That night at a bbq held by a couple of the Hastings Deering boys, I was given the opportunity to try chewing beedle nut. No. It's not for me but I was fascinated with the whole process, so I was given instructions on it. Very interesting.
On Sunday we drove to all the places around Tabubil. First to a man made pool/creek called Yuk Creek. It is pronounced Yook, but I took a photo of the sign because I was at this stage horrified by the state of the rivers coming down from the mine, and feeling bitter that a man made creek had to be made in such beautiful and lush countryside and then to call it Yuk. Pretty appropriate, although it was rather lovely. Then to the two villages above the mine, Bultem and Finalbin. The people who live in these villages are the landowners of the mine so get house built, water pipes and electricity supplied as well as money paid for the use of the mine.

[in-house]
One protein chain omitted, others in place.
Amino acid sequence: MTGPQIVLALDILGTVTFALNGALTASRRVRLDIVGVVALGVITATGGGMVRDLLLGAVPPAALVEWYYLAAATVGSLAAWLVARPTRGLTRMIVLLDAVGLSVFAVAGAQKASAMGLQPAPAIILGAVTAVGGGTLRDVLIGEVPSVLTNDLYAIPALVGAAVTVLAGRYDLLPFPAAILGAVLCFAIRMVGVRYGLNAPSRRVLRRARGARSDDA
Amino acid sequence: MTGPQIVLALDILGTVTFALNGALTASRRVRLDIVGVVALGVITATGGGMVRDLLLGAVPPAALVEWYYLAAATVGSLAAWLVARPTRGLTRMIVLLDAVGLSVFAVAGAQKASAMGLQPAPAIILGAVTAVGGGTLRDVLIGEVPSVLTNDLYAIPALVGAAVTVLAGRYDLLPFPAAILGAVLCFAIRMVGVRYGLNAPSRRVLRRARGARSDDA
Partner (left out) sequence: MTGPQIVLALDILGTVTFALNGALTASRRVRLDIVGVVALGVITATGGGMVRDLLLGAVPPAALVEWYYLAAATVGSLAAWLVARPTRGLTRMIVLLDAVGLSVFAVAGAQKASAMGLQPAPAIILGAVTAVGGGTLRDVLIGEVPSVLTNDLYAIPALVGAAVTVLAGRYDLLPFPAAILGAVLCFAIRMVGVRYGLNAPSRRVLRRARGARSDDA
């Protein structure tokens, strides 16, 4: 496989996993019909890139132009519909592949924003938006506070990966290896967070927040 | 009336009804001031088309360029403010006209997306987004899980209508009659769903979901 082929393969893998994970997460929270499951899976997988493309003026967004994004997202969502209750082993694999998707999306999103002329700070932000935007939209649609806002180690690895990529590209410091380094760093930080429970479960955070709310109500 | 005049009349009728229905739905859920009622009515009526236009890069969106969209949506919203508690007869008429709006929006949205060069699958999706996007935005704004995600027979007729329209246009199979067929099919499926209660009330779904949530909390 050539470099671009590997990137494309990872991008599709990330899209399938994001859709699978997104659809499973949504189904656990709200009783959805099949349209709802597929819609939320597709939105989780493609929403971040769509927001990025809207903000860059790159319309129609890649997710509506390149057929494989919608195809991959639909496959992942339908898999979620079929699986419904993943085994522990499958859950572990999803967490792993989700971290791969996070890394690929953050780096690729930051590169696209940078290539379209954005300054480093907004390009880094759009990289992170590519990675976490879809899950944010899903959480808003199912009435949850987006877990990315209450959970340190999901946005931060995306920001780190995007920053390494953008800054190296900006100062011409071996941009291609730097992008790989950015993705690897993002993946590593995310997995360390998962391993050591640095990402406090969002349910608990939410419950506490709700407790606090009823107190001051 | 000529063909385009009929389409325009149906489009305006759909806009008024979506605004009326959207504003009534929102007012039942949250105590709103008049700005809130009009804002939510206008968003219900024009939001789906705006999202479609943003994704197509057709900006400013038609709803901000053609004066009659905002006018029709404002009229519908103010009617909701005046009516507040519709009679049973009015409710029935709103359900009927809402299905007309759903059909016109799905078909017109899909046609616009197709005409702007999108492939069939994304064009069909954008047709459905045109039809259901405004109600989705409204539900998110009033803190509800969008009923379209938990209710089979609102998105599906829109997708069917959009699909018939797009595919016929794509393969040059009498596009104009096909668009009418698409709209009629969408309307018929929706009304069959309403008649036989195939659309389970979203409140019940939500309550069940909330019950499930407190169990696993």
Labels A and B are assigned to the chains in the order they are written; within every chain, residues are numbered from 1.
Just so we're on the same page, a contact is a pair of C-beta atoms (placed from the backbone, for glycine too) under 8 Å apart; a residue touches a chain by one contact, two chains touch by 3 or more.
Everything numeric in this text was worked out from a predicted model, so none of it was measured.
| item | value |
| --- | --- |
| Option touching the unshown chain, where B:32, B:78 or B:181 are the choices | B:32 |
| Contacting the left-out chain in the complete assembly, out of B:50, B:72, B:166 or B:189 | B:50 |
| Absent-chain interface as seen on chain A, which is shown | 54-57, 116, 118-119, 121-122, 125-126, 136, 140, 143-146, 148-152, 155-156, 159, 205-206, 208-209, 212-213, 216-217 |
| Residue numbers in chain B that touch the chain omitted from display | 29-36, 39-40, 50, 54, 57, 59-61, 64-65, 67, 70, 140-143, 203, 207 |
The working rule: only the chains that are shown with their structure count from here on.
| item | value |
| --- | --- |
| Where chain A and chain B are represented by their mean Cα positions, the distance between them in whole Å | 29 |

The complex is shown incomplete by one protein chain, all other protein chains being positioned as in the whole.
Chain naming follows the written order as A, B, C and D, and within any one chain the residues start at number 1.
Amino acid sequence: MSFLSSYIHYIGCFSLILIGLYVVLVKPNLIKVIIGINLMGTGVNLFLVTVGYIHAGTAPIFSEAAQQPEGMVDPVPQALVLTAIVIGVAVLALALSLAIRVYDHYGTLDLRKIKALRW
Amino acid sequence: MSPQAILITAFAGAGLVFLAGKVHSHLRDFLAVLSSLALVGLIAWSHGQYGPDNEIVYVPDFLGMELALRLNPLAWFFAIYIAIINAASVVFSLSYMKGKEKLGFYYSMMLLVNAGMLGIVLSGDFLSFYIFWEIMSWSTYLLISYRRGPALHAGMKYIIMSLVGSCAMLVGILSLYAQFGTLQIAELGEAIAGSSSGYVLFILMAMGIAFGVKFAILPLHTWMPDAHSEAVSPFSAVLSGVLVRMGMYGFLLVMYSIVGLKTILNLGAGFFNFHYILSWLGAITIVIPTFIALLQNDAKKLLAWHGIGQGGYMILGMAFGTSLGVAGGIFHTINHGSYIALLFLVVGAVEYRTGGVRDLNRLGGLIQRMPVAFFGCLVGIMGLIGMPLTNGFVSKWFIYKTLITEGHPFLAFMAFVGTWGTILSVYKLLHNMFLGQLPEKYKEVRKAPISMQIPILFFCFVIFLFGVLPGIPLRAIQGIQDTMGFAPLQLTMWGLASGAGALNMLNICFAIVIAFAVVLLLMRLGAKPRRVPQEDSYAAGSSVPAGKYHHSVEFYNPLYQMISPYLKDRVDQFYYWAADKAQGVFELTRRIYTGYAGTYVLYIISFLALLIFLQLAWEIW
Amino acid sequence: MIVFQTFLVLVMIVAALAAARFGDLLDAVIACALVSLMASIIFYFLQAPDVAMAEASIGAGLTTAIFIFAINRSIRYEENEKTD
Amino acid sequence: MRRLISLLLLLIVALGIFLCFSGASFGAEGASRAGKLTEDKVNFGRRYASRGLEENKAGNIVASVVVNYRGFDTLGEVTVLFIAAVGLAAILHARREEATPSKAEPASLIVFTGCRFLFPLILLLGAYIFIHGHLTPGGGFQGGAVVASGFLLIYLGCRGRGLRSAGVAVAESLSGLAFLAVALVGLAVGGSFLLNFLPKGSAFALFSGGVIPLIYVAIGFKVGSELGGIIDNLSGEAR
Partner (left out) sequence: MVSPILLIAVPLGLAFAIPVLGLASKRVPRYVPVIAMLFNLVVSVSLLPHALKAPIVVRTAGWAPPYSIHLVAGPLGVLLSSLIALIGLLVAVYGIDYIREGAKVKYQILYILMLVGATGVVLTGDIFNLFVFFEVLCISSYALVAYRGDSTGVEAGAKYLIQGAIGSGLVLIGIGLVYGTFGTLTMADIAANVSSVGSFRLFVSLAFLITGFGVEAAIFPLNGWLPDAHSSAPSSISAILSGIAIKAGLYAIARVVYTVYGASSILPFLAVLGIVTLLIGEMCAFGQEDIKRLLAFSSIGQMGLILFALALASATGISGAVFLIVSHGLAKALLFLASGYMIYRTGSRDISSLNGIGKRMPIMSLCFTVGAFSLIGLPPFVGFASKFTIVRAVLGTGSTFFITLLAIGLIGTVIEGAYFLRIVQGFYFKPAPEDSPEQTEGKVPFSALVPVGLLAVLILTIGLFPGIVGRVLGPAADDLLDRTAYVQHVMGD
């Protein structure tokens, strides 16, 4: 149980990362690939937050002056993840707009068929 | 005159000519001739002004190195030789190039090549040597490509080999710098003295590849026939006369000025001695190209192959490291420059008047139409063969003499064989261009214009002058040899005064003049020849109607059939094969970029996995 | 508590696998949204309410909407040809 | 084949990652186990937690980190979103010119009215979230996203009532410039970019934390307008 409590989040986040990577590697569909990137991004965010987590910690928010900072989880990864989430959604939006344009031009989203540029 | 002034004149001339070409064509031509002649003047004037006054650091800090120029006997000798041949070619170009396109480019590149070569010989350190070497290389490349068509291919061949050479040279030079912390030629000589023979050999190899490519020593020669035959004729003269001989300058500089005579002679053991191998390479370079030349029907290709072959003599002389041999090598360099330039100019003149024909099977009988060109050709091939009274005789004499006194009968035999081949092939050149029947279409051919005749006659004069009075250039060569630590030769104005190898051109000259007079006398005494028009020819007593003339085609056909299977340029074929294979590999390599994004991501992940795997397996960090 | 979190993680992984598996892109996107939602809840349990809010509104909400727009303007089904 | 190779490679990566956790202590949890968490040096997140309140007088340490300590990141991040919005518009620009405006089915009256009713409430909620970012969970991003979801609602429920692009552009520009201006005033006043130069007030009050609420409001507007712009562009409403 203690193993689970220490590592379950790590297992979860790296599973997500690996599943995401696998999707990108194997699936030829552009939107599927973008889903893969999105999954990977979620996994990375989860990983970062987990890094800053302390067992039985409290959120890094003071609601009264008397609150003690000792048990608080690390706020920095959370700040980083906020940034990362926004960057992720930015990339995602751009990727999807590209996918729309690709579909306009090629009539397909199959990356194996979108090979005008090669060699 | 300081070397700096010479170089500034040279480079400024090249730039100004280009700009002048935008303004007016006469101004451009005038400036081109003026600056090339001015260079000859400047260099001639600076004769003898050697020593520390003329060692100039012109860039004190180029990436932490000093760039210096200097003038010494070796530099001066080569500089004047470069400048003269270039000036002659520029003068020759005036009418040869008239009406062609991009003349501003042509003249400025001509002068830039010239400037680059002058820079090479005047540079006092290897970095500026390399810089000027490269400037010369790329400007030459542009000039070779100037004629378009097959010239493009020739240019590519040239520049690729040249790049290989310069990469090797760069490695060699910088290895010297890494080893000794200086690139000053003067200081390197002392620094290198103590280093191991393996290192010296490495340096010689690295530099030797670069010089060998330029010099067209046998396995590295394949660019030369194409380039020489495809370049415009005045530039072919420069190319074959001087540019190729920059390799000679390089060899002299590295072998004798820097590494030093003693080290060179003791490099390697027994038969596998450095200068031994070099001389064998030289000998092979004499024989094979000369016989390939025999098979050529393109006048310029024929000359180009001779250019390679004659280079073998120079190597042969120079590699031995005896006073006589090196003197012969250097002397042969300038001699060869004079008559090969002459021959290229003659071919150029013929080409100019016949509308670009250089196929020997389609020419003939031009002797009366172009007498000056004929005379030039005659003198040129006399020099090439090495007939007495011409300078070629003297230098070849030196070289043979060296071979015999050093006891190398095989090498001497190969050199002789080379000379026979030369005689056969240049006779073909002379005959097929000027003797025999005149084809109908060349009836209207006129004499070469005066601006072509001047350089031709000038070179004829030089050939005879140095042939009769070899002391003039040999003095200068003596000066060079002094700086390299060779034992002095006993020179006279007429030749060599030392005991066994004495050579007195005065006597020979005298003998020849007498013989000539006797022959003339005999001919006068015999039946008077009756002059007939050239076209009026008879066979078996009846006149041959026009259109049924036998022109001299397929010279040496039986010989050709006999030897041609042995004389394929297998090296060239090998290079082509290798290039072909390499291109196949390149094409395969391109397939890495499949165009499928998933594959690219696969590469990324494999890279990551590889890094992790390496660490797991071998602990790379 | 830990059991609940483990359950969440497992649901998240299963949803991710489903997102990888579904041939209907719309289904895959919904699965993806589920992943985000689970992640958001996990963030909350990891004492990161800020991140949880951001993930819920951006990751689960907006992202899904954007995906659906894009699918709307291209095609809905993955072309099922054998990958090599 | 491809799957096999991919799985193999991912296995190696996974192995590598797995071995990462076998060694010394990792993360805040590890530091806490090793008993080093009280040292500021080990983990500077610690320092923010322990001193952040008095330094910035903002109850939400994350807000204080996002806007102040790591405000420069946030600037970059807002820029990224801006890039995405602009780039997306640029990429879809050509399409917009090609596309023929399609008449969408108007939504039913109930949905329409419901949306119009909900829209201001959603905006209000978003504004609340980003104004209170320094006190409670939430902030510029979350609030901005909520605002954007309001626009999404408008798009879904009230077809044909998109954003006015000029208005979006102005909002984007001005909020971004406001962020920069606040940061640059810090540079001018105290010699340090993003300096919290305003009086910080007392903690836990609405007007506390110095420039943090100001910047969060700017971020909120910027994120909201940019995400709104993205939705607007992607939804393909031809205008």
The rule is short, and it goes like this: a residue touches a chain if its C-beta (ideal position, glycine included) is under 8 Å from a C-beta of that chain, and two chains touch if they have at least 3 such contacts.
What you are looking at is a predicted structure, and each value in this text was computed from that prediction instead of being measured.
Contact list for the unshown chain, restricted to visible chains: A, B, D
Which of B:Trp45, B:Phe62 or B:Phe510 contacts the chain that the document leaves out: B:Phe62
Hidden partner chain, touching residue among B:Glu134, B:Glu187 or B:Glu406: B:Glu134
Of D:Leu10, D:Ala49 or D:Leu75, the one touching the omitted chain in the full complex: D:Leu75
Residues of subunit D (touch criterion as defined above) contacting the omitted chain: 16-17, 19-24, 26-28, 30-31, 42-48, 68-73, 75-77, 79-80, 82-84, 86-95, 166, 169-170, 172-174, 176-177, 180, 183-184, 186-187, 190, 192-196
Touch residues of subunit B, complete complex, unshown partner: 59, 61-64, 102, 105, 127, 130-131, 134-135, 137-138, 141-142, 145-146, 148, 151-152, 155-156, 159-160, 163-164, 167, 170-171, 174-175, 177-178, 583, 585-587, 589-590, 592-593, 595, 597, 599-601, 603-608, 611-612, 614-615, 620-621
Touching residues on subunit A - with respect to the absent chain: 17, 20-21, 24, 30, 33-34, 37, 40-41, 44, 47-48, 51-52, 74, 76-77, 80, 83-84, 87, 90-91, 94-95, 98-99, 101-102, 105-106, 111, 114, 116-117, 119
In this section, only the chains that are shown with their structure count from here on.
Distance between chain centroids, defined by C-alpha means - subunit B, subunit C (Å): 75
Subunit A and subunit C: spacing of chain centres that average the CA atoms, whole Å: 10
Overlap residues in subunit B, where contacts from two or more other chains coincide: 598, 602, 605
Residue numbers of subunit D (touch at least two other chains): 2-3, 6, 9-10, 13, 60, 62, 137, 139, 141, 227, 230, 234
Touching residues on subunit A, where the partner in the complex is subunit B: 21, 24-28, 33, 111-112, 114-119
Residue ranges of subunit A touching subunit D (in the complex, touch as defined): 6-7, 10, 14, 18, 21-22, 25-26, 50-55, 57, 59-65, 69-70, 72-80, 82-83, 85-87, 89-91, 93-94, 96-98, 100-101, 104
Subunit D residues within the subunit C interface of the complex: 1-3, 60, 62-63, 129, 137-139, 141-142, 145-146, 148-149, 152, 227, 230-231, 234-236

Okmanga Tunnel is a kilometre long tunnel though the mountain. This area is where the hydropower station is situated. The river here is wild and gorgous in some places, but dammed up and directed elsewhere in others. Fascinating place. 7 corners village is across the bridge over the Ok Tedi River. Last rain season (I'm not sure if there is only one big rain season that lasts all year or just a heap of little ones) the road leading to the bridge was washed away, so the bus deposits residents on one side, they walk across the bridge and are met on the other side by another bus. Laydown settlement is the little village right on the edge of Tabubil. The workers of the mine and contractors etc all live in the main part of Tabubil. Some other locals live in Laydown as they can't get or afford accomodation in town. While the houses in town are really lovely, the Laydown settlement is very much a patchwork of little sheds or shantys made up with whatever is found around.